The GW men’s and women’s basketball teams made memorable postseason runs this winter. This spring, two more teams are making runs of their own.
The GW club ultimate Frisbee teams have been impressive this season. On April 17, the women’s squad won the Colonial Sectional for the first time in the program’s history by defeating Delaware. The men’s team beat Maryland on the same day to capture its sectional title.
The women’s team’s 13-10 triumph over Delaware in the sectional championship game qualified the squad for the Metro East Regional, which will be held at Princeton, N.J., on May 7-8. The top two finishers at that event will advance to the national competition.
“I remember playing (Delaware) our freshman and sophomore year, and their program was so talented and so large,” women’s senior co-captain Alexis Johnson said. “We used to match up against Delaware as a team that blew by us on the way to the sectionals or the nationals.”
The sectional competition was grueling – on the first day of the competition, GW played four matches.
“We went into the competition as the top ranked team, and we won every single game we played (that) weekend,” senior co-captain Carissa Townsend said.
Her team knocked off Salisbury, American, Georgetown, and Goucher on day one. By winning all four games, GW had to win only once more.
At regionals next month, the competition will not be unfamiliar.
“We know a lot of the teams well because we played them a lot in the fall and the spring,” Johnson said. “We have faced Rutgers, Cornell, Penn State, and (the University of Pennsylvania) a number of times this season and we know what they’re like. We’re really excited to get there and to face them.”
The men were seeded No. 3 heading into the Colonial Sectionals, and beat No. 1 Delaware, Navy, Georgetown, and Maryland-B on the first day of the competition. GW then beat American, St. Mary’s of California and Maryland on the final day of the competition to capture the title.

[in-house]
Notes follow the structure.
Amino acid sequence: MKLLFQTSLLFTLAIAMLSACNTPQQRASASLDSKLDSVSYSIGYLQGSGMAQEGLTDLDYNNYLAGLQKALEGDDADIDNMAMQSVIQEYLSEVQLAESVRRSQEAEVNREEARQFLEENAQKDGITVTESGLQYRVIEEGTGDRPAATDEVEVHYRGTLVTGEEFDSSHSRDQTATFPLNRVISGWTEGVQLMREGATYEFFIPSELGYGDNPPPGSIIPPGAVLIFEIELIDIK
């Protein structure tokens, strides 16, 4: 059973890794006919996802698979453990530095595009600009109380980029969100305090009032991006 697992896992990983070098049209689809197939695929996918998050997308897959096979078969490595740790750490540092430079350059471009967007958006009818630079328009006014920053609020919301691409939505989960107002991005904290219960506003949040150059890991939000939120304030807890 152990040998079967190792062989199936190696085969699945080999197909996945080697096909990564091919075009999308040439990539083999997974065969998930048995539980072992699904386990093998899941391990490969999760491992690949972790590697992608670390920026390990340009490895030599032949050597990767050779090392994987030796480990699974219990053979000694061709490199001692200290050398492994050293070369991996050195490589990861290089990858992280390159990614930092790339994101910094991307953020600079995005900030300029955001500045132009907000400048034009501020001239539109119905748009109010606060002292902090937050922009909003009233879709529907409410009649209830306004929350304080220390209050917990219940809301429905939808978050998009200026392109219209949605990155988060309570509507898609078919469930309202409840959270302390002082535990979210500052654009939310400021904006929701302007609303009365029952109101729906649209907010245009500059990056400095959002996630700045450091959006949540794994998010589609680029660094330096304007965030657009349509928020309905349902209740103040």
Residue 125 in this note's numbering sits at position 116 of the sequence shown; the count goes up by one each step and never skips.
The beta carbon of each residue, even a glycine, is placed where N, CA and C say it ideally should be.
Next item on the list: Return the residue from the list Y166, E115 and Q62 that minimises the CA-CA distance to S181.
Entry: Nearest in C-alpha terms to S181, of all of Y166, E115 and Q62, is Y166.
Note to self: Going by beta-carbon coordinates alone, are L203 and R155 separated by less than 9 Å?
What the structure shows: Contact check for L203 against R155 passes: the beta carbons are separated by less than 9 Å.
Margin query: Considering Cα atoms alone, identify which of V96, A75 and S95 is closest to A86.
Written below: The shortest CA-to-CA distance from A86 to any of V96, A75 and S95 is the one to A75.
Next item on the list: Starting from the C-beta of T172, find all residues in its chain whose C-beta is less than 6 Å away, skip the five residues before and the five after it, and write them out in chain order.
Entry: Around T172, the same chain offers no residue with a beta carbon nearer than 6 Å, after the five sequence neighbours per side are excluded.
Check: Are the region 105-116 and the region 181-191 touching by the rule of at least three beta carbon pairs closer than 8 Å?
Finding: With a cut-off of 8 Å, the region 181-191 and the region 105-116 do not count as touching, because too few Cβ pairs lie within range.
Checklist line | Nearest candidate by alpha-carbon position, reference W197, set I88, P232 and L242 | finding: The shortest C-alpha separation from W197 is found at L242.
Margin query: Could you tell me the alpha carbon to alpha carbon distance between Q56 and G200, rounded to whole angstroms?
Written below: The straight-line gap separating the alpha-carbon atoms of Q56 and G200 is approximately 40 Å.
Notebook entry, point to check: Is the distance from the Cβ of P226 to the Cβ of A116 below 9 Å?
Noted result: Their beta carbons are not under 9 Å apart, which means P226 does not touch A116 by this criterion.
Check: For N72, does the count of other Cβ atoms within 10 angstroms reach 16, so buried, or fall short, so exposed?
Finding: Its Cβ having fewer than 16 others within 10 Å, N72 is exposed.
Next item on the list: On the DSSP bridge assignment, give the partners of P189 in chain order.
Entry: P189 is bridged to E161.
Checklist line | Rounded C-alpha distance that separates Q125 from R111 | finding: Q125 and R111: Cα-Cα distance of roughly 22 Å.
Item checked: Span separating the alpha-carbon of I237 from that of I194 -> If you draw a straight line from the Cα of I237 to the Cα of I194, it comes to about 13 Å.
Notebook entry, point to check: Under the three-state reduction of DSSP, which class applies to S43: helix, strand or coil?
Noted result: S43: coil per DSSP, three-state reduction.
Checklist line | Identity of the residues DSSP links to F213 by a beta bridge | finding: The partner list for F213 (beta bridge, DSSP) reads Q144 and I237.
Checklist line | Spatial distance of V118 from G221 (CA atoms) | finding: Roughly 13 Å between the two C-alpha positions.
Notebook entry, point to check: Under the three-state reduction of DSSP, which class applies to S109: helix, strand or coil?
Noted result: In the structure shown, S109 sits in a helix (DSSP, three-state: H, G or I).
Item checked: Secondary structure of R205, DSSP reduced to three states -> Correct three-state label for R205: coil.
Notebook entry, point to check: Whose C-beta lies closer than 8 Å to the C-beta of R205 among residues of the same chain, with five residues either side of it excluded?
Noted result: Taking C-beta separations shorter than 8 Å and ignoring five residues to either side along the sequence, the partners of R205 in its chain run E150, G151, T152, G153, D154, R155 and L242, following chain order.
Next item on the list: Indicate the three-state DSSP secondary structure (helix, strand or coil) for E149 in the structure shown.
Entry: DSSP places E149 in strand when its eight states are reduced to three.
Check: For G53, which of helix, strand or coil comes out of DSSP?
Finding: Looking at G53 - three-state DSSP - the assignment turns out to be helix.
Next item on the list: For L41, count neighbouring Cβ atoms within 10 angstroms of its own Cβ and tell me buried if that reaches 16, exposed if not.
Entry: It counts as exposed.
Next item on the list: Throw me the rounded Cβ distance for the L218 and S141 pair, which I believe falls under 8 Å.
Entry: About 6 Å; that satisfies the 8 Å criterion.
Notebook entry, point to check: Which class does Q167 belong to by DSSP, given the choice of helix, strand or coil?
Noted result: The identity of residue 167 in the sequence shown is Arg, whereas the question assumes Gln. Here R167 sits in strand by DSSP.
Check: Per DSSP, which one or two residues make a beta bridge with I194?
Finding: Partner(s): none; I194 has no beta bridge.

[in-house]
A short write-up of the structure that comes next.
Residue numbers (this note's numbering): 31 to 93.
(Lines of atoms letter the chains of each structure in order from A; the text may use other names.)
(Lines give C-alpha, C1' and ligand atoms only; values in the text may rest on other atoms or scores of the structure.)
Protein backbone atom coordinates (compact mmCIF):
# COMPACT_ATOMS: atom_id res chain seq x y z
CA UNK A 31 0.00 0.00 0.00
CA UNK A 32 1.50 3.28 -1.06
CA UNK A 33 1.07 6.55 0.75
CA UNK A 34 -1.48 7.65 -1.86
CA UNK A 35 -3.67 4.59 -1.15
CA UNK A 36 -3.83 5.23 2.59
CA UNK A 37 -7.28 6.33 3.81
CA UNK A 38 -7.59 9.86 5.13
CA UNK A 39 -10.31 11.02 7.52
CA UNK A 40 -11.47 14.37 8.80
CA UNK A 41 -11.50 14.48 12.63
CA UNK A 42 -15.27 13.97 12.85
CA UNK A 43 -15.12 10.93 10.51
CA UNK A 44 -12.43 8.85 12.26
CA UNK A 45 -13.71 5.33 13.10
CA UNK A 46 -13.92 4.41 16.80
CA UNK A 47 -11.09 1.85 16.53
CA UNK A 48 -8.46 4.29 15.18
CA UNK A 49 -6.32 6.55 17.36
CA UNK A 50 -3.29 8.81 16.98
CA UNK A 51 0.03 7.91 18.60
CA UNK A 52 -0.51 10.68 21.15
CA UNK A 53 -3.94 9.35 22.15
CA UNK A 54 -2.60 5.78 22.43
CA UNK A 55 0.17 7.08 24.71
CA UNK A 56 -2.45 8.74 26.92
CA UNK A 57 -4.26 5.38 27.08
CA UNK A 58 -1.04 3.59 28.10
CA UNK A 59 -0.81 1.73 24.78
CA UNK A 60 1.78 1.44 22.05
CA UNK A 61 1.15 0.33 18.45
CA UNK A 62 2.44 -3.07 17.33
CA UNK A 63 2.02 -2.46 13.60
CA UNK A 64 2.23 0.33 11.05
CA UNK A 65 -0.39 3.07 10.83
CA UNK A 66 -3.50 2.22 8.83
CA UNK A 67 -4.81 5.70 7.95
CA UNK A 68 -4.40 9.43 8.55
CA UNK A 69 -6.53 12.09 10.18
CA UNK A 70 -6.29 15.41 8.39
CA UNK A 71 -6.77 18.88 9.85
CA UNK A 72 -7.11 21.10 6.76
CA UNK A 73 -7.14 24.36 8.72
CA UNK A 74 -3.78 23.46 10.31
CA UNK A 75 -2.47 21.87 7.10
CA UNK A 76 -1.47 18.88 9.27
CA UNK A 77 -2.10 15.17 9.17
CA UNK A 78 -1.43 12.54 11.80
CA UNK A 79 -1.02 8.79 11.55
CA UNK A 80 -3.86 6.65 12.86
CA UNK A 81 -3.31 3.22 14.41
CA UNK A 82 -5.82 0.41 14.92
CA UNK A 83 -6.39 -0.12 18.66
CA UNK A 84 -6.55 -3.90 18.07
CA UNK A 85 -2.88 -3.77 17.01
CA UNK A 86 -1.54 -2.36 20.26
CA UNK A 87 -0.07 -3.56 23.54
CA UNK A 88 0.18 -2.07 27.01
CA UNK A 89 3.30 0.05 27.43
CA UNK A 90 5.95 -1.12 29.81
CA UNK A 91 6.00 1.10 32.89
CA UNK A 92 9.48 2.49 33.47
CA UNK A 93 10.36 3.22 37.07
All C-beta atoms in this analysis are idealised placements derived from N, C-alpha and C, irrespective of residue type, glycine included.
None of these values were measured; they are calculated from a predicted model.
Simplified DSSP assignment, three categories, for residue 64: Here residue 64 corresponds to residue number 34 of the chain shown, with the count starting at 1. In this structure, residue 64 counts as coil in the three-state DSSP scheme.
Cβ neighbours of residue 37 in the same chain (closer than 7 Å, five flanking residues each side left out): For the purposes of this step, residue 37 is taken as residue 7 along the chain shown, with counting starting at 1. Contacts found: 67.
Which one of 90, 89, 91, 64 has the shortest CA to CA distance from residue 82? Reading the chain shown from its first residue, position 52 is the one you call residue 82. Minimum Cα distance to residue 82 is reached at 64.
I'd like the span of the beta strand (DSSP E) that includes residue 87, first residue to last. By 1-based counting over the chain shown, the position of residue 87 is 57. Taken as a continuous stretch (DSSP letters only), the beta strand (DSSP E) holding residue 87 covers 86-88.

The men now prepare for the Metro East Regional, which will also be held May 7-8 in Princeton. GW finds itself ranked fourth out of the 16 teams present, behind only Queens-Kingston, Pittsburgh, and Swarthmore. Postseason runs of this kind are nothing new for the men’s squad.
“In May 2002, the team qualified for the national tournament for the first time in only its fifth year of existence,” men’s senior co-captain Adam Croce said.
A top two finish by the men at the upcoming Metro East Regional would make it three appearances at nationals in the last four years. Nationals for both genders are held from May 27-29 in Corvallis, Ore.
With the season winding to an end, the graduating team captains can now pause and reflect on what the program has meant to them.
“We’ve both played for our full four years at this point, and it’s so exciting and surreal that it’s coming so quickly to an end,” Johnson said. “Not only is it a part of our extracurriculars, but it’s a big part of our social lives.”
For nearly 10 years, the GW ultimate Frisbee teams have thrived on campus. Former GW students David Watermulder and Tom Shields founded the men’s squad in 1997 and the program has grown steadily since. This year, there are more than 40 members on the team.
The women’s team began three years later, when enough female students expressed interest. At the outset, the women’s squad rarely had more than the seven players required to play, which did not help against the larger schools in their section. However, just five years later, the team features a total of 22 competitors who have dedicated themselves to Frisbee, which is not a varsity sport.
“We practice two or three times a week,” Townsend noted. “(Last Tuesday) we had a practice where we did three to four drills on disc control. A lot of our drills are focused on precision and throwing, or distance and throwing. We’ll do some conditioning, like sprints, but we’ll let the girls do those on their off days.”